After more than a month of inertia atop the Associated Press college basketball rankings, intraconference play has provided a major shakeup heading into the second full week of 2014.
Arizona and Syracuse remain No. 1 and No. 2 respectively for the sixth straight week, but behind the two monoliths is a landscape in a complete state of flux. Wisconsin continues its surprising early unbeaten streak to move to No. 3, and Michigan State and Wichita State round out the Top Five.
Here is a look at how the rest of the Top 25 played out:
|Week 11 AP Top 25 Poll|
|Rank||Team (First-Place Votes)||Record||Votes||Previous|
|10||San Diego State||14-1||1020||13|
Although the five teams sitting at the top of the standings are mostly familiar—four of those teams were there last week—there are massive fluctuations in the rest of the poll. Starting, of course, with last week's No. 3 team, Ohio State.
Facing their first two elite opponents of this season in Michigan State and Iowa, the Buckeyes' vaunted defense faltered. Although they battled back late to force overtime against the Spartans, Thad Matta's squad was never in control of that contest and fell 72-68. Iowa compounded the bad week for Ohio State by dominating on both ends down the stretch in the Hawkeyes' 84-74 win on Jan. 12, holding the Buckeyes to just three field goals in the final seven minutes.
“We are at our best when we are connected," senior guard Aaron Craft said, via Ohio State. "When we are talking you are able to see that in our offense. In the past two games, we have not been connected and it is very easy to see.”
Even though they came against ranked teams, the two losses were enough to drop the Buckeyes to No. 11. They were one of three Top 10 teams from the Week 10 poll to go down over the past seven days, with Big 12 rivals Iowa State and Baylor each suffering defeats.
The Cyclones got their biggest win of the season on Tuesday by running the Bears out of the gym in an 87-72 victory. But the celebration was short-lived, as their undefeated run ended with a trip to Norman. Iowa State stays at No. 8 in the latest poll after its 1-1 week, but we'll get a good indicator of where this team truly stands on Monday evening when it hosts No. 15 Kansas.
Overall, 11 of the Top 25 teams suffered at least one loss. Oregon has now lost three straight Pac-12 contests after falling to Cal and Stanford in Week 10 and dropped out of the rankings. The same goes for Illinois, which lasted exactly one week in the Top 25 before getting crushed by Wisconsin and putting up just 43 points against Northwestern on the road.
The gamut of losses helped No. 23 Duke stay in the Top 25, but the Blue Devils are barely hanging on. Their 72-59 loss to Clemson dropped them to 1-2 in the ACC for the first time in seven years and raised major questions about the constitution of this roster. Jabari Parker has made just 16 of 48 shots (33.3 percent) over the past four games after a world-beating start to his collegiate career and was even benched down the stretch in a loss to Notre Dame on Jan. 4.
Jeff Borzello of CBS Sports notes the dichotomy in reaction to Parker's struggles compared to how folks react to Kansas' Andrew Wiggins:
Although Mike Krzyzewski knew his team's lack of size could possibly be a detriment—Duke's tallest starter is 6'9" forward Amile Jefferson—the coach seemed willing to take blame for his team's failures after the loss to a middling Tigers team.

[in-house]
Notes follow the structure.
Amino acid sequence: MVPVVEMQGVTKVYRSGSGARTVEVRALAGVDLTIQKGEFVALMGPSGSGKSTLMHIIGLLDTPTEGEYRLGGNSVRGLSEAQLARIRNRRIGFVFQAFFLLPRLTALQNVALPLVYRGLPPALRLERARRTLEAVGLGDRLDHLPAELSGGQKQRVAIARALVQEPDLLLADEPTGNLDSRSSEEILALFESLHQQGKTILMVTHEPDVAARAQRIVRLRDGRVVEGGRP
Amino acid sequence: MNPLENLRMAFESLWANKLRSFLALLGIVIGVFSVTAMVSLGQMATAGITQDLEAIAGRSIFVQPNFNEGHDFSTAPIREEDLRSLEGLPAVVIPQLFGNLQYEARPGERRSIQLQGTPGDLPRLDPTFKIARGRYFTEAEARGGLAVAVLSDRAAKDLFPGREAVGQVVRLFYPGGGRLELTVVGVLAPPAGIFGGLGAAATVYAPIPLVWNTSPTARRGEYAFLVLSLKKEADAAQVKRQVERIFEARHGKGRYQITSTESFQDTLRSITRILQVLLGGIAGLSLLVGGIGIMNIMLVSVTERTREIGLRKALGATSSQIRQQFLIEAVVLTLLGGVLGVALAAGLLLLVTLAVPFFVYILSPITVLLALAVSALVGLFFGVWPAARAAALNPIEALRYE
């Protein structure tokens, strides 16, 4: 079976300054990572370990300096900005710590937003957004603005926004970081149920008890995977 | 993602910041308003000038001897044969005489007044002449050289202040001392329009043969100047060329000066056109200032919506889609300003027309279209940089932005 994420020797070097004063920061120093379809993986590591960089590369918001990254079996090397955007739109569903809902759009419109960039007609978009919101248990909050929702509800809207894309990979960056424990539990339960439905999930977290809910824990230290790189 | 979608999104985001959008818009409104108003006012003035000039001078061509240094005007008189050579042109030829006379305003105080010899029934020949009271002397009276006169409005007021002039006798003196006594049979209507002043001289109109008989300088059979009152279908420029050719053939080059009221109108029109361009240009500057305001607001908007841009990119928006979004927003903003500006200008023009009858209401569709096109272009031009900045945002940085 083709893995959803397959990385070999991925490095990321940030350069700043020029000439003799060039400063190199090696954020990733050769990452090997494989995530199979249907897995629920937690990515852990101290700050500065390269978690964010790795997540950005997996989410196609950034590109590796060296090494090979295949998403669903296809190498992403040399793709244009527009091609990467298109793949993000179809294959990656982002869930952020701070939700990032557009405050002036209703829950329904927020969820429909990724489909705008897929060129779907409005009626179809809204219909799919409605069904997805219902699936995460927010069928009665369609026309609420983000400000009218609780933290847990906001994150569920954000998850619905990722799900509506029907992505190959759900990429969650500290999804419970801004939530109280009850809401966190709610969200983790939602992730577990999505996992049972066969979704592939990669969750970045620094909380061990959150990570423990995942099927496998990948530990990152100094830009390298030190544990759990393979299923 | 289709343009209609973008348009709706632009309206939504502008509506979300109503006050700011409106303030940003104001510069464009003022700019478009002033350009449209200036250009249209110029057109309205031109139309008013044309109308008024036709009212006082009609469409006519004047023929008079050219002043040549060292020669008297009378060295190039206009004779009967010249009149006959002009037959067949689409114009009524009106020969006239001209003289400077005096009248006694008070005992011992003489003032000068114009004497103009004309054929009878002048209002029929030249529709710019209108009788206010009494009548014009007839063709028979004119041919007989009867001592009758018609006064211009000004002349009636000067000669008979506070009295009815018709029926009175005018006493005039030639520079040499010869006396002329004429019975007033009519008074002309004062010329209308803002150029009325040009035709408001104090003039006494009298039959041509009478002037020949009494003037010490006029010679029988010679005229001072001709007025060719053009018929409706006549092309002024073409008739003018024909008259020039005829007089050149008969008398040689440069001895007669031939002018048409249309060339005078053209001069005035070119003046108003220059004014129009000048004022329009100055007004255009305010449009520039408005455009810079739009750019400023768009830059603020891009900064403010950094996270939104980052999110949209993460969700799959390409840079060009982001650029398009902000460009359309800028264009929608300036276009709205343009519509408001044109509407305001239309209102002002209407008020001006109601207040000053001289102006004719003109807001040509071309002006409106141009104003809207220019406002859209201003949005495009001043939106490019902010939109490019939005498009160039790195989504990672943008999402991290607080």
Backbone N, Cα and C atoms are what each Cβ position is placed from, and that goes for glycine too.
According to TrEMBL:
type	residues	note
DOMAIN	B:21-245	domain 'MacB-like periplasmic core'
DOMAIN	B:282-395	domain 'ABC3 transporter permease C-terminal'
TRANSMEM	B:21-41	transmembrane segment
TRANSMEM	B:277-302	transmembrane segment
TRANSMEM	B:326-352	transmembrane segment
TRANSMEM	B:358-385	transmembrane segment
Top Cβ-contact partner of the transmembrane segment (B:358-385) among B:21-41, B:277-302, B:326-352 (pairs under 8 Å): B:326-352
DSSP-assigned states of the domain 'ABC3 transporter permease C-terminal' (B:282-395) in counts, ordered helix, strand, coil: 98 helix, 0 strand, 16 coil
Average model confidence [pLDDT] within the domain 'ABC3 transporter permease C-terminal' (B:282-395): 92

"We're not very good right now and that's on me as a coach," Krzyzewski said, via Clemson. "I never bad mouth my team or any guy. We win together, we lose together, but we're not very good right now and we've got to take steps to try to get to be good, because the league is unforgiving."
No matter the conference, league play certainly isn't "forgiving." Even teams that managed to get through the week unscathed found out things aren't going to be as easy as they were in the nonconference.
Arizona had to withstand a UCLA run in the waning moments to pull out a 79-75 victory, at one point even falling behind with less than two minutes remaining. Syracuse only scored 57 points but clamped down on defense to overtake a struggling North Carolina team, which flew even farther out of the Top 25 purview. Wichita State came back from 19 points down and needed overtime to defeat Missouri State.
It's interesting that now, after weeks of calm waters across college basketball, things are finally starting to liven up. Last season's run to the Big Dance was filled with what at times felt like daily upsets. Inherently flawed teams battled one another on a nightly basis, and the result created this air of unpredictability that carried the nation into March.
Things weren't supposed to be that way in 2013-14. Wiggins, Parker and Kentucky's Julius Randle led a freshman class that overshadowed anything from a team perspective. This was the season when college basketball would actually turn into a minor league feeder system for the NBA—instead of that merely being perception.
Instead, the individuals have only been a part of the story. Dominant teams exist, but they're ones that boast a mix of experience and talent—not the ones that throw the former into the wind.
You see that as Duke drops down seven more spots in the rankings, flying backward after being No. 7 two weeks ago. The Blue Devils are tied for the second-biggest drop among teams still ranked, only behind Ohio State's eight-spot tumble. Memphis moving up seven spots and Iowa moving up six were the best marks among those that were ranked in Week 10.
Six teams (No. 19 Cincinnati, No. 20 Creighton, No. 22 Pittsburgh, No. 24 Saint Louis and Nos. 25 Oklahoma and UCLA) moved into the rankings. Missouri, Oregon, Gonzaga, Illinois and Kansas State were ousted.
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